In the chart below from Bloomberg, it appears that fluctuations in FX flows may explain a lot of the easing and tightening happening in the interbank market. I suspect this is a clear sign that the PBoC may already be losing control.

For all practical purposes, with China’s corporate debt above 150% and total debt above 210%, history suggests that China’s Minsky Moment is quickly approaching. Investors should prepare for the inevitable demand shocks and fall in global growth regardless of the specific outcome. The Chinese government may have the assets to backstop a truly horrific crisis and maintain slow growth in the 2-3% range; but then again, Mark Hart may have the final word.

Four years on, the denouement has clearly taken longer to arrive than Mark expected, but he is still in the market with his Corriente China Opportunities Fund. And he is still betting big against the yuan, which continues to surprise and slide.

With so much of the market expecting one-way appreciation in the RMB/USD – despite a crescendo of warnings of currency volatility from the PBoC – such moves represent a big surprise and may simply be the first steps down.

China’s government finds itself on the exact opposite side of the carry trade now,  and it appears they have a lot to gain by unwinding it – on the order of $200 billion for every 10% devaluation in the CNY/USD. It’s essentially a way to join the currency war and boost exports without appearing to circumvent the free market.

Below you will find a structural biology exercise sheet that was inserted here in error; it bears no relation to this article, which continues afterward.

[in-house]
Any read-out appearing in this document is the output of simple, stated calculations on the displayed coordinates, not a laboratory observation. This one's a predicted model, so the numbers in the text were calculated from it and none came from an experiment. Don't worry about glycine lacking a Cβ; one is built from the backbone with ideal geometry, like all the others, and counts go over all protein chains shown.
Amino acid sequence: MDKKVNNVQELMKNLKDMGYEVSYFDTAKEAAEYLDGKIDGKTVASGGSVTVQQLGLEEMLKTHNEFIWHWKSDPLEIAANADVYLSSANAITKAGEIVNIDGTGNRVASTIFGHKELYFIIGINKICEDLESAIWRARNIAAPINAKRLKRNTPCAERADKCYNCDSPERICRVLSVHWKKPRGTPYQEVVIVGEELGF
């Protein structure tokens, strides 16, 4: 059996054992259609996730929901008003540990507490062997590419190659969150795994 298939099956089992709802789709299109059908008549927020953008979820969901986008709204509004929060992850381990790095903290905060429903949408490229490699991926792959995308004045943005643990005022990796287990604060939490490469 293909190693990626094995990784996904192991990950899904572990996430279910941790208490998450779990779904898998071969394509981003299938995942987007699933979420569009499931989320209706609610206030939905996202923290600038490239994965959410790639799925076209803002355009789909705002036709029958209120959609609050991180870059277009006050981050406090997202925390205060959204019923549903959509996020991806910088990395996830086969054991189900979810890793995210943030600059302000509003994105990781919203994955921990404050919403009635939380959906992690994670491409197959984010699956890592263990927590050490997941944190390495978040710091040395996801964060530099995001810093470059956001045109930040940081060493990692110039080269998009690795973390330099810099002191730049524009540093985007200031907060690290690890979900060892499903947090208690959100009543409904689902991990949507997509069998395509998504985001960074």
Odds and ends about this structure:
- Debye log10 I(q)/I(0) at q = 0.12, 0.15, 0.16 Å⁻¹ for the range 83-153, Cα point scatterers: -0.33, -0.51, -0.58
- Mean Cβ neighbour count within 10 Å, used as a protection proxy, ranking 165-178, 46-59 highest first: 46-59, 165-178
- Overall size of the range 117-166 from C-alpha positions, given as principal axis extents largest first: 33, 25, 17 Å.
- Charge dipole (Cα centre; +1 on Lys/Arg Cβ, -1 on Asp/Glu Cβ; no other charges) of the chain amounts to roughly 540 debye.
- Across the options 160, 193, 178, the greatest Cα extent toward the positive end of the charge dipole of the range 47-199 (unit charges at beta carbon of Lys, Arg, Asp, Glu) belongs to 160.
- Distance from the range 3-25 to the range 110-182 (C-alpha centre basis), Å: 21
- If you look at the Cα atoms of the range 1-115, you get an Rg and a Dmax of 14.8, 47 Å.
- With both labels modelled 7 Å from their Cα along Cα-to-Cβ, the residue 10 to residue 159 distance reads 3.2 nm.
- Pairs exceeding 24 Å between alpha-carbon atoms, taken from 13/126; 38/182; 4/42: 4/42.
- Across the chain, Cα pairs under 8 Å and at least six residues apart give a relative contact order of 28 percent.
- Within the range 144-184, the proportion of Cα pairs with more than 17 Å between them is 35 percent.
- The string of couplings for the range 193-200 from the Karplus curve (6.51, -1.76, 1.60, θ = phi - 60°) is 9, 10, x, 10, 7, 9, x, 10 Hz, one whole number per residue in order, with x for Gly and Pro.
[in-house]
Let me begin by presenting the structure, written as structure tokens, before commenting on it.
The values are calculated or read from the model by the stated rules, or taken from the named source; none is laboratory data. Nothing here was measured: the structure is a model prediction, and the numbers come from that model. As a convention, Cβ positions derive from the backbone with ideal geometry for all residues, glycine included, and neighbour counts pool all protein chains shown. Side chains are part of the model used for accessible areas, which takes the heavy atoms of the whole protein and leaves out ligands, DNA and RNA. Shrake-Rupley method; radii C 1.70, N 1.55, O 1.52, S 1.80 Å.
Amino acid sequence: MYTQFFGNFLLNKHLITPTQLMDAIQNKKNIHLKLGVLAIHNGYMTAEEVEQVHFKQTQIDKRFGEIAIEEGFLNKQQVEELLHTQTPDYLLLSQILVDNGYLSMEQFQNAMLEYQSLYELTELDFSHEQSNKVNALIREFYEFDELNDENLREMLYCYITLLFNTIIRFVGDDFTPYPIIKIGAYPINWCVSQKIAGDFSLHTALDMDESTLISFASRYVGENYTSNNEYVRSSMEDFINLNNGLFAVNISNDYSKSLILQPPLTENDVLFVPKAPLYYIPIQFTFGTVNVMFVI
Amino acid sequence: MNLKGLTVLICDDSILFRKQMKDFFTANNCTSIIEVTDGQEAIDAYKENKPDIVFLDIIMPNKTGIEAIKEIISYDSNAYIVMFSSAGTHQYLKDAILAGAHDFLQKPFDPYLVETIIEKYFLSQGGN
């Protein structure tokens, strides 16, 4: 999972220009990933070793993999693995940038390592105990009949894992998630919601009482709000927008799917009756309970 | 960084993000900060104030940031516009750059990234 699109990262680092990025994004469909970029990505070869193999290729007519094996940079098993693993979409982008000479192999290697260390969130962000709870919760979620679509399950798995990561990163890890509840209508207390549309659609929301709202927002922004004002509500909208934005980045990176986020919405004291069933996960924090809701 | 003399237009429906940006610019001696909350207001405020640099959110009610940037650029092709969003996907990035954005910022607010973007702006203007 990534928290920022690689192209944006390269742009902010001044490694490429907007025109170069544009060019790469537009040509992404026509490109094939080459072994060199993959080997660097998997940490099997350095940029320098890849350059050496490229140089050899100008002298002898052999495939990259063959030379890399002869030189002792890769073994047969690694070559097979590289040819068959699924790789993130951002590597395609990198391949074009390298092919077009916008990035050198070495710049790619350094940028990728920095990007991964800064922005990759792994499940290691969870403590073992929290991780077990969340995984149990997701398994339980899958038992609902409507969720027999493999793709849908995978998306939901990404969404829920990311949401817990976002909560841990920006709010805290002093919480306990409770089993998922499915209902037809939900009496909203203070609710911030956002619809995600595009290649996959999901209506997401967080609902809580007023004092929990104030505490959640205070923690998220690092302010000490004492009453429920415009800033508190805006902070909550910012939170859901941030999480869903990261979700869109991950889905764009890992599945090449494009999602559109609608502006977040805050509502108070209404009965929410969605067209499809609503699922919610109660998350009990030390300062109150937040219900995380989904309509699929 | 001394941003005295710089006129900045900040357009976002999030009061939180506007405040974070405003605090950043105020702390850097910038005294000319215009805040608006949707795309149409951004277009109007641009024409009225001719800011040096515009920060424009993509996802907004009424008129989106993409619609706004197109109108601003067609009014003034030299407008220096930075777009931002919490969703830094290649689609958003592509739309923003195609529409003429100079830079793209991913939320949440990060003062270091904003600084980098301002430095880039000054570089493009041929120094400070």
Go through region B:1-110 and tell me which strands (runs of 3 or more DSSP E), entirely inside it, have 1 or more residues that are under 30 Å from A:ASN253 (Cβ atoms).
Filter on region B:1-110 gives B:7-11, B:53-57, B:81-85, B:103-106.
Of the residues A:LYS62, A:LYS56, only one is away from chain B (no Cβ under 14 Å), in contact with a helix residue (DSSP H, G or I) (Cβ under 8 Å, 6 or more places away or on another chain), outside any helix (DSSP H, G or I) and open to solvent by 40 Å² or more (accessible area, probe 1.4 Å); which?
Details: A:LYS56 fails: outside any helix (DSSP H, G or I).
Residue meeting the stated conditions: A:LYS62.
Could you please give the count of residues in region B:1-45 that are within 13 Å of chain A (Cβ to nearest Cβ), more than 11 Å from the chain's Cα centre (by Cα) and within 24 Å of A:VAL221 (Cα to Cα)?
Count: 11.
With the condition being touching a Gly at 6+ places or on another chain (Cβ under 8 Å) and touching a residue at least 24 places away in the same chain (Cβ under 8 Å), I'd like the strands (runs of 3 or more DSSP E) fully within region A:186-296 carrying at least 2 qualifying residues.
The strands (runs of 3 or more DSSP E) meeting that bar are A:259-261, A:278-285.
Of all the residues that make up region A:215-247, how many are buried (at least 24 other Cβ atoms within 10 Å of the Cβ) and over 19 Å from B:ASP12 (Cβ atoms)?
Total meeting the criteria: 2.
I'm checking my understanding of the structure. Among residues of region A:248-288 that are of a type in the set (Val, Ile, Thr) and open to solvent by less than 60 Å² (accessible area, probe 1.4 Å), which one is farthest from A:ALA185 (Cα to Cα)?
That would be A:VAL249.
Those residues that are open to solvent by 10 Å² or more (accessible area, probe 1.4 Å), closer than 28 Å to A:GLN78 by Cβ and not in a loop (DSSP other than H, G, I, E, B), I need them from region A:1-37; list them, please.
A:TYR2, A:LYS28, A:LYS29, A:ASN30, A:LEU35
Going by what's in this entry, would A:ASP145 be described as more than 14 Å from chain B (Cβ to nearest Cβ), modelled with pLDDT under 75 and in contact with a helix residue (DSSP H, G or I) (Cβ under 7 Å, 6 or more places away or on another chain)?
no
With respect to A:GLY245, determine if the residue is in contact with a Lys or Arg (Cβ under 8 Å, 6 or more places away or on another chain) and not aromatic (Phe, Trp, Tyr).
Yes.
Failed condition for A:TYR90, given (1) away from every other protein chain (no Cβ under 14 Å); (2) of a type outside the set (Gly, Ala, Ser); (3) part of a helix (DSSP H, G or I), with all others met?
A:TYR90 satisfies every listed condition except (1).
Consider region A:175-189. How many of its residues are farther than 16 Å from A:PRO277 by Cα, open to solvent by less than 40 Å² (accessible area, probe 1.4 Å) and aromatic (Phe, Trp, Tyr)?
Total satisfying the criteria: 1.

Contrary to what many onlookers believe, the People’s Bank of China and China’s top leadership are probably not willing and possibly not able to defend the currency while also supporting growth in a deleveraging economy. They will have to make a choice, and frankly, they already have an incentive to let the renminbi fall as they attempt to put the right reforms in place to support long-term growth – or face a deflationary nightmare in the uncomfortably near future.

Not many people realize that China has lost a great deal of competitiveness as its real effective exchange rate has risen in recent years.

Source: OECD

This is the same kind of dynamic that made Ireland, Spain, Greece, Italy, France, and others so uncompetitive relative to Germany in the easy-money years leading up to the euro crisis.

Source: JPMorgan, “Guide to the Markets”

After years of complaints from politicians around the world to let their currency float, the Chinese can allow just that to happen. A 10%, or 20%, or even 50% fall in the renminbi would take pressure off potential problems involving levered trade finance, boost China’s competitiveness, and pad government accounts at a critical time for China’s industrial transition. (Remember, the average currency devaluation in the Asian financial crisis of 1997-1998 was an even greater 60%.)

American, European, and Japanese politicians will have a hard time making the case for a downward-trending RMB as long as it floats freely. And honestly, the flip side will be difficult to defend. Although many economists believe that China’s abundant reserves, near 50% of GDP, will be enough to stem the tide in the event of capital flight, I don’t believe they are looking at the right data. In light of clearly wasted spending and widespread capital misallocation, GDP is artificially inflated … not to mention that a substantial portion of Chinese reserves may have already been locked up in loans to foreign borrowers.

M2 is a far better proxy for the capital that can rush out of an economy without warning … and Chinese M2 is now nearly twice the size of GDP. Since outstanding reserves cover less than 35% of M2, capital outflows place more pressure on the currency than most people realize. I wholeheartedly believe the renminbi will fall further over time, albeit with some